The lentivirus plasmids containing GFP, NICD2-FLAG, and NICD3-FLAG constructs were made as described previously (22). The lentivirus plasmids were transfected into TN-293 cells using PolyJet (SignaGen), and the viral particles were amplified and purified as described previously (41), with the following changes. Virus-containing supernatant collected from a 10-cm plate was concentrated by adding 10% polyethylene glycol (PEG) and 150 mm NaCl, rocking overnight at 4 °C, pelleted by centrifugation at 3000 rcf, and resuspended in 150 μl of DMEM. For transduction of GFP or NICDs, HAoSMCs were seeded in a six-well plate at a density of 1 × 105 cells per well, 24 h before viral infection. 20 μl of lentivirus suspension diluted in 2 ml of media with 5% FBS was added to each well. Polybrene was supplemented at a final concentration of 6 μg/ml. Twenty-four hours later, cells were transferred to fresh media containing 5% FBS for additional 24 h incubation. Cells were then collected for mRNA, protein, or used in assays as described. The efficiency of transduction was evaluated using GFP expression and qPCR. Viral particles were titrated to achieve 90 to 100% transduction. Expression of cDNAs was confirmed using qPCR (not shown) and Western blot analysis using a FLAG antibody (Figs. 3 and and44).
Cells were homogenized in RIPA buffer containing 50 mm Tris-Cl, pH 7.4, 150 mm NaCl, 1% Nonidet P-40, 0.25% SDS, and protease inhibitors (Sigma). For detection of phosphorylated proteins, 1 mm Na3VO4 and 1 mm NaN3 phosphotase inhibitors were added. Protein concentrations were determined by the Bradford assay (Bio-Rad). Equivalent amounts of protein were run on 10% SDS-polyacrylamide gels and proteins were transferred to nitrocellulose membranes (GE Healthcare). The membranes were incubated for 1 h at room temperature with 5% nonfat dry milk, then with primary antibodies against NOTCH3 (1:1,000, sc-5593, Santa Cruz Biotechnology), NOTCH2 (1:200, C651.6DbHN, Developmental Studies Hybridoma Bank), tubulin (1:20,000, T7816; Sigma), MKI67 (1:1000, ab66155, ABCAM), FLAG (1:1000, M2, Fisher), caspase3 (1:1000, 8G10, Cell Signaling Technology, Inc.), ERK1/2 (1:2000 ERK1, sc-93, and 1:2000 ERK2, sc-154, Santa Cruz Biotechnology), p-ERK (1:1000, 4377S, Cell Signaling Technology, Inc.) in 5% nonfat dry milk overnight at 4 °C. Secondary antibodies conjugated to the horseradish peroxidase (HRP), (1:5,000; Amersham Biosciences) were incubated for 1 h at room temperature. Proteins were detected by enhanced chemiluminescence (Thermo Fisher Scientific) and films were either digitally scanned or chemiluminescence was directly measured using the Bio-Rad ChemiDoc XRS+. Protein was quantified using ImageLab software (Bio-Rad). Relative protein expression was calculated by normalization to tubulin.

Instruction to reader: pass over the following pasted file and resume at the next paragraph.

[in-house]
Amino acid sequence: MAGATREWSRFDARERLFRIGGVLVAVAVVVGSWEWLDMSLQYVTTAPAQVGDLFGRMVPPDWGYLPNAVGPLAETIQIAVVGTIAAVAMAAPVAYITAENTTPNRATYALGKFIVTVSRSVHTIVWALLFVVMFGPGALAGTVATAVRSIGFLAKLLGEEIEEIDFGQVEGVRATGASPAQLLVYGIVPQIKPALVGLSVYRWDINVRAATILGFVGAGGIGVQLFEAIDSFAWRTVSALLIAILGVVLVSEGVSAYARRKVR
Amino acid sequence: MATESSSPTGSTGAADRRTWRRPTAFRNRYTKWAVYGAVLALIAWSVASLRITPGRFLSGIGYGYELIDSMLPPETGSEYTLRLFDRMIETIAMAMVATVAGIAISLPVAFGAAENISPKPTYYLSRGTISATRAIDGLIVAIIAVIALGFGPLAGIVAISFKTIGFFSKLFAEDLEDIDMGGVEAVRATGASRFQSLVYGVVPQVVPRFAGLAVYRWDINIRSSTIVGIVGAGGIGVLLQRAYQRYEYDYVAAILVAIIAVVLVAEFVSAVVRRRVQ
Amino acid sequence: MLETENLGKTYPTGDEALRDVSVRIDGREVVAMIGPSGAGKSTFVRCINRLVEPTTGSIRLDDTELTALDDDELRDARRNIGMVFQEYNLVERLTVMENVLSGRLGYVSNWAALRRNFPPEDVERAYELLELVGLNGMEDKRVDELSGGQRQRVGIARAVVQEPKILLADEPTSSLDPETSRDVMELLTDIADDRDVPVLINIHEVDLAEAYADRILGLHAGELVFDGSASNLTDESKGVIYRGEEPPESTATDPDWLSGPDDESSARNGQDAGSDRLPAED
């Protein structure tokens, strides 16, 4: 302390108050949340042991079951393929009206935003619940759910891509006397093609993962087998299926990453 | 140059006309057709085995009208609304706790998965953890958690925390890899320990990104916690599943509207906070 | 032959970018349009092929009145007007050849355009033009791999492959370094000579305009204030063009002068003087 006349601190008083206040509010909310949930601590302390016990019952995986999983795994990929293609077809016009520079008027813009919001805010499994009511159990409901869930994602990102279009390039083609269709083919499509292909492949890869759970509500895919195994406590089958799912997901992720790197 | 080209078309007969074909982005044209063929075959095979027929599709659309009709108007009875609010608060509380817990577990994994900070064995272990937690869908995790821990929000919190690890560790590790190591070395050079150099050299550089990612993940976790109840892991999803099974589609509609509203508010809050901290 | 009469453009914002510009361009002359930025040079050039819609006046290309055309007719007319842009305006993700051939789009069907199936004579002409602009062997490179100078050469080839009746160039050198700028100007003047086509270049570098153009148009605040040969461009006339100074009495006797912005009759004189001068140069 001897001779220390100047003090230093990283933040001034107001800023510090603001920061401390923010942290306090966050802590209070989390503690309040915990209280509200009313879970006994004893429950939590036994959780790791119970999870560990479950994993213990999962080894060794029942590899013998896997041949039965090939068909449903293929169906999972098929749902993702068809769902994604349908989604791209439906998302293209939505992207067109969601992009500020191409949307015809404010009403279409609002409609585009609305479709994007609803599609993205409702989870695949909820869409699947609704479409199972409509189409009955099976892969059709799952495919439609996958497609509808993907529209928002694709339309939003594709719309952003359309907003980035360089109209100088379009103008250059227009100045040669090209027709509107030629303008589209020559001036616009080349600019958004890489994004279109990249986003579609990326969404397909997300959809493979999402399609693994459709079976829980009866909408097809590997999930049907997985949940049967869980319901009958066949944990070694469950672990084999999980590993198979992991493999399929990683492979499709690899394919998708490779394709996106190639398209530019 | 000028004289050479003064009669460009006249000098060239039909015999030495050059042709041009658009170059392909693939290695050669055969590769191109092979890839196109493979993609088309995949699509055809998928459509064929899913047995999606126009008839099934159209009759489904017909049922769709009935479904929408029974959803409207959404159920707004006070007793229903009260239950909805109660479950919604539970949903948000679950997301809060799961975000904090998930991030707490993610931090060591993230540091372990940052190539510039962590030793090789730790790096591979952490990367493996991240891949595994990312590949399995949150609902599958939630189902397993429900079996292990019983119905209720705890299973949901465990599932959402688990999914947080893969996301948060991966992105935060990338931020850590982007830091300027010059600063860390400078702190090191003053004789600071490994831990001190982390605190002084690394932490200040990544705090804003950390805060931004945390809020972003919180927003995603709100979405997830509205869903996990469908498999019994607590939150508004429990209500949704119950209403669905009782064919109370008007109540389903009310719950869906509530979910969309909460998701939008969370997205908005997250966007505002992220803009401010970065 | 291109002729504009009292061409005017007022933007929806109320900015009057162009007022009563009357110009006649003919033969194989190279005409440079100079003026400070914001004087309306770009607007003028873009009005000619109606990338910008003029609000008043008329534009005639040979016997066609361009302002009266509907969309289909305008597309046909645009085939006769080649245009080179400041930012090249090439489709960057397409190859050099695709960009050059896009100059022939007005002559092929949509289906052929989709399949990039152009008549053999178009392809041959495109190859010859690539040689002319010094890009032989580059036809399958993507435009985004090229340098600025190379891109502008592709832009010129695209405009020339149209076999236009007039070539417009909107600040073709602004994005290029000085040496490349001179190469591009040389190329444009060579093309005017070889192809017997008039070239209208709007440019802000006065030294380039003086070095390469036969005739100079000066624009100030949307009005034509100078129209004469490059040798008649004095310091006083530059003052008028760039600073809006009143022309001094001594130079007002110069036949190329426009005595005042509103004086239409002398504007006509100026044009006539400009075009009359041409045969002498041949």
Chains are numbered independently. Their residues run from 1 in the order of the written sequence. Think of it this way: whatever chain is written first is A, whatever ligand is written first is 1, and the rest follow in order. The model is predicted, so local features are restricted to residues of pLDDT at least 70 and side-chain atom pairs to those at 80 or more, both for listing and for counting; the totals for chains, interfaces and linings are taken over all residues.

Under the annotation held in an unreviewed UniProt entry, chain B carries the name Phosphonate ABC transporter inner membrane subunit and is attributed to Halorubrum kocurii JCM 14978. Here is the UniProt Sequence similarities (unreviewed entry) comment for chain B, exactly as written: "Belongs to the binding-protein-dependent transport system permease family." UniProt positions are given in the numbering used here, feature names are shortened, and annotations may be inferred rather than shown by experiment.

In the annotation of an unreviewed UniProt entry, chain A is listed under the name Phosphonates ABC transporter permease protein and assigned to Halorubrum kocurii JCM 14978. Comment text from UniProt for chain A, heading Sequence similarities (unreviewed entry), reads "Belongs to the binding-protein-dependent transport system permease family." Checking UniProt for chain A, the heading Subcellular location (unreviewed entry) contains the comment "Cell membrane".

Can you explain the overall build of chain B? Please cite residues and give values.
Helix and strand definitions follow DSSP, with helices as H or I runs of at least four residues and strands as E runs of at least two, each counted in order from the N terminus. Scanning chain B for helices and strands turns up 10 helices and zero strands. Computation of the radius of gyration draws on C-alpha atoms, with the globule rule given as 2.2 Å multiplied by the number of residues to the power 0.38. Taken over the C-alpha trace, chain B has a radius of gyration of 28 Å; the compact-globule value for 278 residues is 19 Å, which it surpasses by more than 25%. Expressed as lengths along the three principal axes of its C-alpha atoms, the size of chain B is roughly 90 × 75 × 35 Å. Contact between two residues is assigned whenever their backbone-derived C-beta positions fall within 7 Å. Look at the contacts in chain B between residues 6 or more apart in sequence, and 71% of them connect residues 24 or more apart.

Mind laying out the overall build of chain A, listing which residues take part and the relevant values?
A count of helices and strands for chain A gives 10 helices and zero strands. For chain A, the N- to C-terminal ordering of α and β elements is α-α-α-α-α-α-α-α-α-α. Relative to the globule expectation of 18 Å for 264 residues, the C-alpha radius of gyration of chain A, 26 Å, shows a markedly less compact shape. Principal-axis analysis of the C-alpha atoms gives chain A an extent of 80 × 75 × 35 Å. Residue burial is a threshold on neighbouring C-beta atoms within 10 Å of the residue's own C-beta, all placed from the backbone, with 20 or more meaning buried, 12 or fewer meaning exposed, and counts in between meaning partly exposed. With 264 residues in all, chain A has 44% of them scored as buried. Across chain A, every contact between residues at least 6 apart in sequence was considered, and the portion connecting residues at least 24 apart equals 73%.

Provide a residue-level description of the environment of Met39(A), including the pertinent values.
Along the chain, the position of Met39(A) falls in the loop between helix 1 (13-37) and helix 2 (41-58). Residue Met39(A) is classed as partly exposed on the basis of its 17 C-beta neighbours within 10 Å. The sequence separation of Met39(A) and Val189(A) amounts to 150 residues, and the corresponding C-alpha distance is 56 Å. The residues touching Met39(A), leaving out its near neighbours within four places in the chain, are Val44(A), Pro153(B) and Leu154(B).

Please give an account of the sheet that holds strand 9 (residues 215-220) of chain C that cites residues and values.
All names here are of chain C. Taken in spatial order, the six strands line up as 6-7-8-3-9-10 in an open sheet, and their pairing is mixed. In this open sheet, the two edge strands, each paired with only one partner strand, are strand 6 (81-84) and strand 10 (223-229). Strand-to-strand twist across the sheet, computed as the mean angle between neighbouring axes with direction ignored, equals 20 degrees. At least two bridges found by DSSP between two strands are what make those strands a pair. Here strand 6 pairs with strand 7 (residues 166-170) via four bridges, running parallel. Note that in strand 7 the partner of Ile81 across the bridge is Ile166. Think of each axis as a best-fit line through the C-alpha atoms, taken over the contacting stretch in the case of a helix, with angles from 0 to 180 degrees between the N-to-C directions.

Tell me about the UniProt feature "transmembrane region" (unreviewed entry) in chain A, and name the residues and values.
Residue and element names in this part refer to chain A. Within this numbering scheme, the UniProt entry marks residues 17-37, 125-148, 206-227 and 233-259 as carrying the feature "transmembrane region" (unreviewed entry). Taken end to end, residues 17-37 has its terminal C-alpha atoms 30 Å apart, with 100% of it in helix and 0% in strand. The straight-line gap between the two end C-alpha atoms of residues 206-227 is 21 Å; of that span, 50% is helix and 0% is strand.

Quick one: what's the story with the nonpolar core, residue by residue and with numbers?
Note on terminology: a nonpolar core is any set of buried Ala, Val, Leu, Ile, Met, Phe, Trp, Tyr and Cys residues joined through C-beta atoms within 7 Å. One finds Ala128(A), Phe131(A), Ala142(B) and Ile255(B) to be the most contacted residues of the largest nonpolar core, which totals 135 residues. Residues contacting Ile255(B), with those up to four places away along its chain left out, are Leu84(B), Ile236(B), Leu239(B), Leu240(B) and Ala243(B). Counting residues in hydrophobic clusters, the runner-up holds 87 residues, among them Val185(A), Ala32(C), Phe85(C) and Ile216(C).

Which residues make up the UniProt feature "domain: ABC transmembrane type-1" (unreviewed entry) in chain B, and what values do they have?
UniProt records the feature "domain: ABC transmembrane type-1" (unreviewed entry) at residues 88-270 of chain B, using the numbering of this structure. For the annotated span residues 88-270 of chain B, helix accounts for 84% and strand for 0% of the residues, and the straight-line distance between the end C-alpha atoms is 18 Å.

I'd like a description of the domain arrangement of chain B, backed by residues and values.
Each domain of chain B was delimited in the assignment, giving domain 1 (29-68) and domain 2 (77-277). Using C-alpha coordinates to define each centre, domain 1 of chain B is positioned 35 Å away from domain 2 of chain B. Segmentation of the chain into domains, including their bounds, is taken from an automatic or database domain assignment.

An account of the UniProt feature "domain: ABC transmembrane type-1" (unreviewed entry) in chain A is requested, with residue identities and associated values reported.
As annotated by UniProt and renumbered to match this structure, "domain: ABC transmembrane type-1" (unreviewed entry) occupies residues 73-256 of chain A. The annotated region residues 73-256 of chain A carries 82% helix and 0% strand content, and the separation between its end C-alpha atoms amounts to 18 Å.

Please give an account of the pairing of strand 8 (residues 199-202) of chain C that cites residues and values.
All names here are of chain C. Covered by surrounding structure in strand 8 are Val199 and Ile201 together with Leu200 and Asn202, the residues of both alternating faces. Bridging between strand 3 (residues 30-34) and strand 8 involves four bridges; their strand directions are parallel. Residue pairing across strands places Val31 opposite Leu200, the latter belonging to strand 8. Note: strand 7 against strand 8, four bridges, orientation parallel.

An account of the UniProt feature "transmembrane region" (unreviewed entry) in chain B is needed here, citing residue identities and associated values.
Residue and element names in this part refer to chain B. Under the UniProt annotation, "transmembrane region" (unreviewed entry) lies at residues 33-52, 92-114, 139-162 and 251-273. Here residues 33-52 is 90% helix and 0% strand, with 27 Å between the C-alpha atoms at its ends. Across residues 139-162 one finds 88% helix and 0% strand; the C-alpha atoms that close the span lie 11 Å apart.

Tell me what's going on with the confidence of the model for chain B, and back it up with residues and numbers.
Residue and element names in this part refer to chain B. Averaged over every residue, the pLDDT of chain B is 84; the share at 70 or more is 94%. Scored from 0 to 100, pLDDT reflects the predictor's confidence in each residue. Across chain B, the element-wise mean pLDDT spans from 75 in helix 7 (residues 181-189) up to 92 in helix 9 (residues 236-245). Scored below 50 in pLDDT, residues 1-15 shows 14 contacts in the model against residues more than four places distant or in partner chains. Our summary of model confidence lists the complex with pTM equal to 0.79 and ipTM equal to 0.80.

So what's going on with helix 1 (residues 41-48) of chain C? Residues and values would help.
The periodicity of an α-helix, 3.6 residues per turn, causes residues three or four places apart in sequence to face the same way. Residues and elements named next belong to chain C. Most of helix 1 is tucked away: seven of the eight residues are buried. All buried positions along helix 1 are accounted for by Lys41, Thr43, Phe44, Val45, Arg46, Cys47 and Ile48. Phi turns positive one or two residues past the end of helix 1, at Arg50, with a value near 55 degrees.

Relative proliferation was determined by methylene blue assay as described previously (42), using 3000 HAoSMCs per well of a 96-well collagen-coated plate.
HAoSMCs were plated in a 6-well plate at 1 × 105 cells/well the day before irradiation. Medium was removed and the cells were washed in PBS, before irradiation with 25–100 μJ/cm2 with the Spectrolinker XL-1500 (Spectronics Corporation), with bulbs producing UV-B radiation at the wavelength 254 nm. Cells were collected 9-h postirradiation.
Lysates were prepared by suspension of cells in KPM buffer (50 mm KCl, 50 mm PIPES, 10 mm EGTA, 1.92 mm MgCL2 pH 7.0, 1 mm DTT, 1 mm PMSF, 10 μg/ml cytochalasin B (Acros Organics), 2 μg/ml protease inhibitors (Sigma)) and 5–10 freeze/thaw cycles. Lysates were then used in a caspase3 enzymatic activity assay using AFC-DEVD substrate (MP Biomedicals) as described previously (43). Fluorescence was measured by Spectramax M5 (Molecular Devices, filters: excitation, 400 nm; emission, 508 nm). Vmax values were calculated by Softmax Pro software (Molecular Devices).